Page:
WASHINGTON — President Trump’s administration greeted news Tuesday that Ford will shift production of its next generation of Focus vehicles to China without any of Trump’s’ earlier threats of huge tariffs against any automaker that moved to import cars into the U.S. from other nations.

“The Ford decision shows how flexible multinational companies are in terms of geography,” Commerce Secretary Wilbur Ross said in response to Ford’s news. “I believe that as President Trump’s policies and reforms take hold, more companies will begin to locate their facilities in the U.S. as several German and Japanese automakers already have.”

While Ross’ statement carried a note of optimism in his agency’s review of trade with other nations and how to best improve the nation’s $502 billion trade deficit, it lacked any of the bellicose remarks made by then-candidate Trump about what he would do to manufacturers – especially carmakers — who expanded overseas operations.

As Trump announced his long-shot candidacy in 2015, he sharply criticized Ford’s then-proposed new operation in Mexico, maintaining throughout his campaign a promise to punish it or any automaker that moved or increased production outside the U.S. to then import those vehicles back into the country.

At today’s White House briefing, Press Secretary Sean Spicer noted Ross’ comment on Ford’s decision and said the “general consensus” is that tax reform — including a proposed lowering of corporate tax rates — will lead to companies wanting to “bring back, create jobs in the U.S.”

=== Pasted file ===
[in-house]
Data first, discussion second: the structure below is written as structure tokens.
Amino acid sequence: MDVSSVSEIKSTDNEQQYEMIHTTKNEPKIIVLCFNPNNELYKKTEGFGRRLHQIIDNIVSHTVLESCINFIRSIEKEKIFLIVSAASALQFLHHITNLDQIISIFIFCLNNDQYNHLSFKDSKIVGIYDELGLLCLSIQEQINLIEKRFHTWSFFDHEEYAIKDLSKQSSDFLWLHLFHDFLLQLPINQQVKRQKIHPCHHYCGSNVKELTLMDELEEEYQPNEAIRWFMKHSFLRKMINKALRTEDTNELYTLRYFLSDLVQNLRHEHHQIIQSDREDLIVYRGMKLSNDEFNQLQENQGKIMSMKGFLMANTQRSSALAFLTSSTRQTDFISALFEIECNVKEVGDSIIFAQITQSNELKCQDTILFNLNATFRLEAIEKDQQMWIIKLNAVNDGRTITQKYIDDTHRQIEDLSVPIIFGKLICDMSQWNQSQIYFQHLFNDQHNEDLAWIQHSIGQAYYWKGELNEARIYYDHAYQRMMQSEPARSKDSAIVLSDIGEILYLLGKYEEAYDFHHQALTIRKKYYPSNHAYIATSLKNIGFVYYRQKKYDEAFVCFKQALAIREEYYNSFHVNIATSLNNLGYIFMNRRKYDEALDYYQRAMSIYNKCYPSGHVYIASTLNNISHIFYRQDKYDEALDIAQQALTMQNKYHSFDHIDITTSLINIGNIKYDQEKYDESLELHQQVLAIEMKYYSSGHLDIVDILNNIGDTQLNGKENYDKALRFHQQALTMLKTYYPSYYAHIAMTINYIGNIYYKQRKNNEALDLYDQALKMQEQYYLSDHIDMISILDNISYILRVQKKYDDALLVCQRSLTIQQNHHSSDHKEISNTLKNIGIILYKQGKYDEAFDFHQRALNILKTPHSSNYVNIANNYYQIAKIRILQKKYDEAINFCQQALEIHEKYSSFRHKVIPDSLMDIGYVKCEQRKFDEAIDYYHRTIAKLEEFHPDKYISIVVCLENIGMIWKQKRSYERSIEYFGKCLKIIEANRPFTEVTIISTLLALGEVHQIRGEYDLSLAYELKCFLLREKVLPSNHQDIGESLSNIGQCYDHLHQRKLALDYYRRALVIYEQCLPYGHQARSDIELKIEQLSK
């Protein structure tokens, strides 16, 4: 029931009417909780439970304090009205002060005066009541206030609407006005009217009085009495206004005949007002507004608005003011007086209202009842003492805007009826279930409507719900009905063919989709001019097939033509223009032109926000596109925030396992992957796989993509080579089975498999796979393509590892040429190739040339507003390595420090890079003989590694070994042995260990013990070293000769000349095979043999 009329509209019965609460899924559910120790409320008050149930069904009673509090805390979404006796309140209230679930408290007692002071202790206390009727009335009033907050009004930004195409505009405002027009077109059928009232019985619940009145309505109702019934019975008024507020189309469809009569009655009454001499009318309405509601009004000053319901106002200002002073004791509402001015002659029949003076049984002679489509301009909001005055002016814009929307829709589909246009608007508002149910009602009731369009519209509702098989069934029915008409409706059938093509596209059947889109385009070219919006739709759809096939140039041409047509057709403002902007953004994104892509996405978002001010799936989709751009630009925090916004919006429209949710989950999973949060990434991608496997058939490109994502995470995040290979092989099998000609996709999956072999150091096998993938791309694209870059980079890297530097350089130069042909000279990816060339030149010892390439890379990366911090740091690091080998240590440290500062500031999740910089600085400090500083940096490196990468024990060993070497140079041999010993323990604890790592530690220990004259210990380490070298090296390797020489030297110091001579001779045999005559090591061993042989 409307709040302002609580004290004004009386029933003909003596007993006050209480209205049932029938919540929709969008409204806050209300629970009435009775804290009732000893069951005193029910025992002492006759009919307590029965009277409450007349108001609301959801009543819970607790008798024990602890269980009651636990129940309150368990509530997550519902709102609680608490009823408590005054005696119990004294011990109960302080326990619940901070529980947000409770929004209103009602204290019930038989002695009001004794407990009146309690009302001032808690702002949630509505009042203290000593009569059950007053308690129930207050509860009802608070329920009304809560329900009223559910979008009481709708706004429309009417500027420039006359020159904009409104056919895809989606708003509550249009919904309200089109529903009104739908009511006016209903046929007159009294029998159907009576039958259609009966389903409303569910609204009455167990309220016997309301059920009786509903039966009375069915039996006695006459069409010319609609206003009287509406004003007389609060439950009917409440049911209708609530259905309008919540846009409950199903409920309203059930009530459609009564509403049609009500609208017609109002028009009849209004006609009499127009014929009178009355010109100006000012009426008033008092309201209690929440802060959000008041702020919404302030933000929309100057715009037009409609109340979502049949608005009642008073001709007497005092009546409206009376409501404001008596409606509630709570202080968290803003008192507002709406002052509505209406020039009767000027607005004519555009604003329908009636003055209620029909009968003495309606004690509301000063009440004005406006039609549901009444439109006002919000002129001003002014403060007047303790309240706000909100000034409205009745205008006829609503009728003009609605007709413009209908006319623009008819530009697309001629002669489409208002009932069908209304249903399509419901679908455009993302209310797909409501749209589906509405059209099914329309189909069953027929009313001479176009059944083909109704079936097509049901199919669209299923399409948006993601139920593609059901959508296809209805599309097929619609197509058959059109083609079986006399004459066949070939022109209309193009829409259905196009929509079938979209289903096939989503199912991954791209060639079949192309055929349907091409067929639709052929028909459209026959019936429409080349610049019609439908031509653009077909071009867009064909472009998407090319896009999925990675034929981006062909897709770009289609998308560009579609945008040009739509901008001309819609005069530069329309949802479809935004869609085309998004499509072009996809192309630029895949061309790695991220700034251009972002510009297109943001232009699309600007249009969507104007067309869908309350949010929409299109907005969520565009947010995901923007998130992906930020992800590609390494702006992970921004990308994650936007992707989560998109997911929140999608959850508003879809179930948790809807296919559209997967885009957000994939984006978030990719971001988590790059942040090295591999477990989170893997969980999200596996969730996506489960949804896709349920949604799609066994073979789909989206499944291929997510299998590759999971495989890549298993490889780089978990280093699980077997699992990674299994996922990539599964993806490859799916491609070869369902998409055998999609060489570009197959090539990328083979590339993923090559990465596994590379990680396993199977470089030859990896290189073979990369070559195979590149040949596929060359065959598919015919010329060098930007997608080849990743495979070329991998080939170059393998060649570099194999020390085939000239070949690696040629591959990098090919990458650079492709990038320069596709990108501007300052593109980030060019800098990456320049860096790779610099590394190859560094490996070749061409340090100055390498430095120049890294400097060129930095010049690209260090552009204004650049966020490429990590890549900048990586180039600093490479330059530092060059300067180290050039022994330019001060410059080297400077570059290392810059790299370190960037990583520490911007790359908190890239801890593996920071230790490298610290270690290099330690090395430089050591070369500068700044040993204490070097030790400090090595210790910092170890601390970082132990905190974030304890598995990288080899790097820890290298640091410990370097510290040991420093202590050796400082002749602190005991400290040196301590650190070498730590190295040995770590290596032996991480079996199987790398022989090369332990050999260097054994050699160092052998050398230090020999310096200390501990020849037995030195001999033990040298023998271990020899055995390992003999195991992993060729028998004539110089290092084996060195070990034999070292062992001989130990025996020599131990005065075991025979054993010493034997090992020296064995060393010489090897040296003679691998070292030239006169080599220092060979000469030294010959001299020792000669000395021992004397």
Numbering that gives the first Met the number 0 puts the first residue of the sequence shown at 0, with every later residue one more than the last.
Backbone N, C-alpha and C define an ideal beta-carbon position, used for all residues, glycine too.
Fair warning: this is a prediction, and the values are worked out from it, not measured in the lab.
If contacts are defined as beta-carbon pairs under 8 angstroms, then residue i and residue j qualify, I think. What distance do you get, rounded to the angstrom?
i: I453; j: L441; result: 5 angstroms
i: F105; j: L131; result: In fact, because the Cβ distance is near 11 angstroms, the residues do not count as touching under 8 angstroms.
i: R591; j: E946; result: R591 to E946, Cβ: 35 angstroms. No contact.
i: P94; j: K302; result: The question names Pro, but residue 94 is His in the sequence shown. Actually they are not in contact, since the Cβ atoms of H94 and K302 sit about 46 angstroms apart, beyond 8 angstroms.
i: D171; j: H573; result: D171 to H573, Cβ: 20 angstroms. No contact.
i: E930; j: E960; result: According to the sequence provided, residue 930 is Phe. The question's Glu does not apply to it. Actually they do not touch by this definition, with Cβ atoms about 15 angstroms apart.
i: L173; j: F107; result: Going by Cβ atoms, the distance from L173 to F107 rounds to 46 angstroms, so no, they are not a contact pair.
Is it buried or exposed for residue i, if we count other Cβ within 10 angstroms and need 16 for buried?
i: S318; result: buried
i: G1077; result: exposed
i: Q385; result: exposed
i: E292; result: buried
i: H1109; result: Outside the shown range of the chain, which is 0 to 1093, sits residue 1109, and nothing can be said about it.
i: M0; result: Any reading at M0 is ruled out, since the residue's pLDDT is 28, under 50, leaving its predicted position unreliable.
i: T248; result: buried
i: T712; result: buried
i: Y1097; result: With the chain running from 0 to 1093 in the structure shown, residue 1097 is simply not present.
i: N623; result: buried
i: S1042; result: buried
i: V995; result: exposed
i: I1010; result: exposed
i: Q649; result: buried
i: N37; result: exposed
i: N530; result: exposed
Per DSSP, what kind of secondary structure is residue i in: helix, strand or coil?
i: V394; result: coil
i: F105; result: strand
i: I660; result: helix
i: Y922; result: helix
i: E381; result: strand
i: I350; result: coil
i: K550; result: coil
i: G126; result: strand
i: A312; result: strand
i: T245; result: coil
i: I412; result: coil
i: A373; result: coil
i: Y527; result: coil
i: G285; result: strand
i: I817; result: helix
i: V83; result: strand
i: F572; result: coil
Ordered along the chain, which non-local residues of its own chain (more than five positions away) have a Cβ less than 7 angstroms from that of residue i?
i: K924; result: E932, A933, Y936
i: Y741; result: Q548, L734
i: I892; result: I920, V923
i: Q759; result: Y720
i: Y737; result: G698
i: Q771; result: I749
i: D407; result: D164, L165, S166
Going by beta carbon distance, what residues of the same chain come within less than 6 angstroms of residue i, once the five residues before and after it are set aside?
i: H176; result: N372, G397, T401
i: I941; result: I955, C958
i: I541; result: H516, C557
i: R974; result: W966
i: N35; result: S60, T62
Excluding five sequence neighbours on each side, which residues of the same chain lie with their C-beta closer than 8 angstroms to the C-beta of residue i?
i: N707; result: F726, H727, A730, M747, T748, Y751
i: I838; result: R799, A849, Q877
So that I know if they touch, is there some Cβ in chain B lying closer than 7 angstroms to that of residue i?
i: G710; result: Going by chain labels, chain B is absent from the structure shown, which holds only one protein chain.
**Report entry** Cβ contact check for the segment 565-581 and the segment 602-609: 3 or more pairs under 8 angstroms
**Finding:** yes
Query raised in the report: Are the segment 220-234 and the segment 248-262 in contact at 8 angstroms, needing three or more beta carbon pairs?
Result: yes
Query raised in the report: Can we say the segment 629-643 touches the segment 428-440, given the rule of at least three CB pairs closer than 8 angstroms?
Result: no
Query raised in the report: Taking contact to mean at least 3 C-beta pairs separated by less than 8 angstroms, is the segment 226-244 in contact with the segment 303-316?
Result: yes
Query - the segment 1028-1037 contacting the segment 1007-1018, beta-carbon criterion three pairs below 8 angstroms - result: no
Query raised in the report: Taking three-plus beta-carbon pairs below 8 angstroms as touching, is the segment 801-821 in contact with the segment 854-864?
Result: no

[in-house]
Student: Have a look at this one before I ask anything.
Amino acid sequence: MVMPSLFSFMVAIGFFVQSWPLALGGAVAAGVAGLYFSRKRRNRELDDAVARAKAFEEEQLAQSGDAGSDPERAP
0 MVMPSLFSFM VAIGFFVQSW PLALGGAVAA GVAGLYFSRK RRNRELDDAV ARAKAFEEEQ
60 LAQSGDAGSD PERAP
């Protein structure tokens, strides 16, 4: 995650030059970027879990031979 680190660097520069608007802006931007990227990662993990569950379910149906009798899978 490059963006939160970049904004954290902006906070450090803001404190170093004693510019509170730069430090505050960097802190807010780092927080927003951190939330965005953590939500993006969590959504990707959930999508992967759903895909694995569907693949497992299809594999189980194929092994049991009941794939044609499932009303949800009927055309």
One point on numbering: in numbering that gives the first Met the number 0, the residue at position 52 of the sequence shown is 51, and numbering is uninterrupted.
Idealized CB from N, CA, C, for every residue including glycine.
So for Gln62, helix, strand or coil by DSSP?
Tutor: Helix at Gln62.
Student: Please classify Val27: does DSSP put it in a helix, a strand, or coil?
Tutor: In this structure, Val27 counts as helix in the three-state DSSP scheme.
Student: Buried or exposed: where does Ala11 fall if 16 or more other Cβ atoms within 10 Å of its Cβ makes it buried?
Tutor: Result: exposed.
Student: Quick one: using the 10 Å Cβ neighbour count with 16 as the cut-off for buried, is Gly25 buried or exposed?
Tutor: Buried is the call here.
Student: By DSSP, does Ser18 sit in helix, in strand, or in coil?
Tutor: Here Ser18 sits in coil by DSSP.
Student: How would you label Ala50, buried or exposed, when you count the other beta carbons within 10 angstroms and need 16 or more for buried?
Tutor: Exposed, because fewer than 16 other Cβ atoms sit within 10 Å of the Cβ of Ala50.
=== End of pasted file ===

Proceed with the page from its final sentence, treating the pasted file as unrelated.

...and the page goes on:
Congress is still waiting for a complete tax reform proposal from the administration. House Speaker Paul Ryan and Vice President Mike Pence both spoke of the need for tax reform today though its chances of being worked out this year are uncertain.

Spicer said tax reform will lead to “more and more companies not only not going to other companies but coming back to the U.S.”

Speaking at a rally in Iowa in August 2015, Trump said, “I would say to the head of Ford, ‘Sorry, I’m not gonna approve. You’re gonna pay a tax for every car and every truck and every part that comes across that southern border, you’re gonna pay a 35% tax, OK?'”

Trump — who has already notified Congress of his intention to renegotiate the North American Free Trade Agreement (NAFTA) to retain and create manufacturing jobs in the U.S. — also sharply criticized trade with China during the campaign. He declined to label China a currency manipulator once entering office, however, and has been seen as on good terms with China’s president, Xi Jinping.

Ford, which later cancelled its plans for a new Mexican site but still planned to build on its existing one at Hermosillo, Mexico, announced this morning that it is now instead planning to import the next generation of Ford Focus vehicles from China as a way to improve what it is calling its “operational fitness.” Ford said it was not related to the renegotiation of NAFTA.

Ford also said it would invest $900 million in Louisville’s Kentucky Truck Plant to build a redesigned Ford Expedition and Lincoln Expedition SUV.

U.S. Sen. Gary Peters, D-Mich., said Ford’s announcement underscores the need for smart self-driving car legislation that could lead to investment and production of self-driving cars in Michigan.

“Of course, I always want to see facilities move to the U.S. So, I think with that Ford announcement, they also announced they are making a pretty substantial investment in the Kentucky Truck Plant, so I was pleased by that,” Peters said.

“But I think this is why it’s so important that we are focused on making Michigan the center of the auto industry for advanced technologies related to autonomous vehicles, because wherever this engineering and scientific work is done, it is normally done in close conjunction to where the manufacturing is done,” Peters said.